1. Succeed in dealing with (a problem or difficulty).
2. Defeat (an opponent); prevail.
I learned a few more things about myself on marathon Monday. Marathon is truly a test of human endurance in so far as much as pushing yourself to the limits of speed over distance. There are ultra marathons for sure but to truly race the marathon distance is for me, the pinnacle of suffering. Each time I think I have suffered, there seems to be a whole new level of what I can endure and that's what I learned through this year's race. To look at my results? Plan C in full effect, I certainly would have preferred the 40k time as my overall!:
It's numbers on a page, it's meaningless without knowing what I went through to get it. By no means was this a PR race for me and I knew that going in. First of all, Boston could never be a PR marathon course for me, it doesn't suit me at all and that's OK, for me it was all about celebrating the accomplishment of getting there in the first place. In 18 months I did 3 marathons, scored a 3:42 PR at the first and did the next two at Boston, I'm very proud of that, not everyone gets to run Boston. I did twice now and I can hang up my marathon shoes with a smile on my face because I fufilled two life goals: breaking 3:45 in a marathon and qualifying for Boston. Check.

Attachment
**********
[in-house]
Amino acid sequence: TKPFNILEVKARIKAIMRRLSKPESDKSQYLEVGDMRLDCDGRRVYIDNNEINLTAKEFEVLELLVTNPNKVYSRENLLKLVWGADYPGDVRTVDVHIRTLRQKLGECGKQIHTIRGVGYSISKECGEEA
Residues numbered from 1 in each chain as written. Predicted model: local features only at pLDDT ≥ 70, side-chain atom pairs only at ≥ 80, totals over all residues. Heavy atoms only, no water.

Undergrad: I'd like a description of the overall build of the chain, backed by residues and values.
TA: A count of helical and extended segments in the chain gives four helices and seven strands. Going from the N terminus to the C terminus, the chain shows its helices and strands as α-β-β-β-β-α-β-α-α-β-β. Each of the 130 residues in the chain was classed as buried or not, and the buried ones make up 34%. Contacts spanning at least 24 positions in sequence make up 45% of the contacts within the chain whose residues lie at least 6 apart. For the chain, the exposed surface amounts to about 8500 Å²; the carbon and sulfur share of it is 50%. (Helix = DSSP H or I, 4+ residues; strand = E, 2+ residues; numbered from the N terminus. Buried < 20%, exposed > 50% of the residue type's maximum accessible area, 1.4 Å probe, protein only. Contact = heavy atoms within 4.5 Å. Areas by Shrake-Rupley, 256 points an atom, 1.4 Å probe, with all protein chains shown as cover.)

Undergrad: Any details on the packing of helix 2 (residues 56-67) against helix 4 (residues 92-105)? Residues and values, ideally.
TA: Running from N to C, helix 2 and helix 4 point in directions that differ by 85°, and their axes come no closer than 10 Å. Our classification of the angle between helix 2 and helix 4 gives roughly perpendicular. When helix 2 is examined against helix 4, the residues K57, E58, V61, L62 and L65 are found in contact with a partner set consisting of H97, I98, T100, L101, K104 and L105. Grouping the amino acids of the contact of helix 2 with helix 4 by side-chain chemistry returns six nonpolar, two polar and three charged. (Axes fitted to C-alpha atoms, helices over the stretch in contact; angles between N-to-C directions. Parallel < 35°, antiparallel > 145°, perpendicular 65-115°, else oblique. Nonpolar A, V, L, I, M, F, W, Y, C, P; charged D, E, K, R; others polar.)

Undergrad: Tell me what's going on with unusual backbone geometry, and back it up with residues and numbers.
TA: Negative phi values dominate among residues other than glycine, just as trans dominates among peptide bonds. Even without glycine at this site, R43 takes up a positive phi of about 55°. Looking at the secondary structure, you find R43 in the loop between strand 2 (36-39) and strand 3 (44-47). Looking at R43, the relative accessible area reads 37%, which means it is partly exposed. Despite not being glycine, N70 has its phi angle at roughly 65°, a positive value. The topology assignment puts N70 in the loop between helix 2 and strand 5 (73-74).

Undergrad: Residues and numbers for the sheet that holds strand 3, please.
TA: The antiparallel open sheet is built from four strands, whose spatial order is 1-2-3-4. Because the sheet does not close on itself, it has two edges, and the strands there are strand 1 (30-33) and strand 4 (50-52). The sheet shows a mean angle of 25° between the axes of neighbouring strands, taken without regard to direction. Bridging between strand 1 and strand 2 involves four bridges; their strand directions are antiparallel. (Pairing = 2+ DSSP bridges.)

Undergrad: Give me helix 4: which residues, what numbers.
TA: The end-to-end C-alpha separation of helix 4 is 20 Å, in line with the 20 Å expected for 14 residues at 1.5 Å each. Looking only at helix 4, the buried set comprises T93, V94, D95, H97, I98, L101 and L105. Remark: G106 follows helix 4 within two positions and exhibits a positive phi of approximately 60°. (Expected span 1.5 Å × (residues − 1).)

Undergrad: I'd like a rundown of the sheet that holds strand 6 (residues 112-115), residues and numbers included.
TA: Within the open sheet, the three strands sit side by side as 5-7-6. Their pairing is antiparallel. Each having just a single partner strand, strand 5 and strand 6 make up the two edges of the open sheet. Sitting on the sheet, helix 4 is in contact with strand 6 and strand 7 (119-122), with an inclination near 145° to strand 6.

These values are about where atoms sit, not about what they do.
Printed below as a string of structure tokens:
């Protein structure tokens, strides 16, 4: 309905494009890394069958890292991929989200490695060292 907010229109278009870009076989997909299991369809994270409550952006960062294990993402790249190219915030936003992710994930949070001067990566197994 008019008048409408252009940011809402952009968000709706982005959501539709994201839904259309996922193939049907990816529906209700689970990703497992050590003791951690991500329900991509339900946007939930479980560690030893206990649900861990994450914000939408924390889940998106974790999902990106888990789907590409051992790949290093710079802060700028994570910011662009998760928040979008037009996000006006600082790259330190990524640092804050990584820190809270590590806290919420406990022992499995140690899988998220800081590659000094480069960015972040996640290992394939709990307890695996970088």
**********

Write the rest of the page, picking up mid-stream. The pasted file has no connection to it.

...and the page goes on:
We arrived a day earlier then originally planned. Dave scored a really nice hotel for one night. After checking in, we cabbed it to the expo. The Boston marathon expo is fantastic, yet, each year we go (we've been there 5 times now: three Boston's for Dave, 2 for moi), we are in and out in under 45 minutes. It's literally packet, jacket (it's all about getting that Boston jacket!) and exit. Neither of us have the patience to deal with the crowds, it's all about efficiency and Van eating and drinking his way through the expo in those 45 minutes! On the way out we stopped by for a quick visit with Matt Long at the Runner's World booth- through years of affiliation with the firemanironman triathlon camp, we met Matt before his accident and have marveled at his recovery after. An amazing story.
Back at the hotel, Van hit the pool, his favorite destination for all trips involving athletic insanity.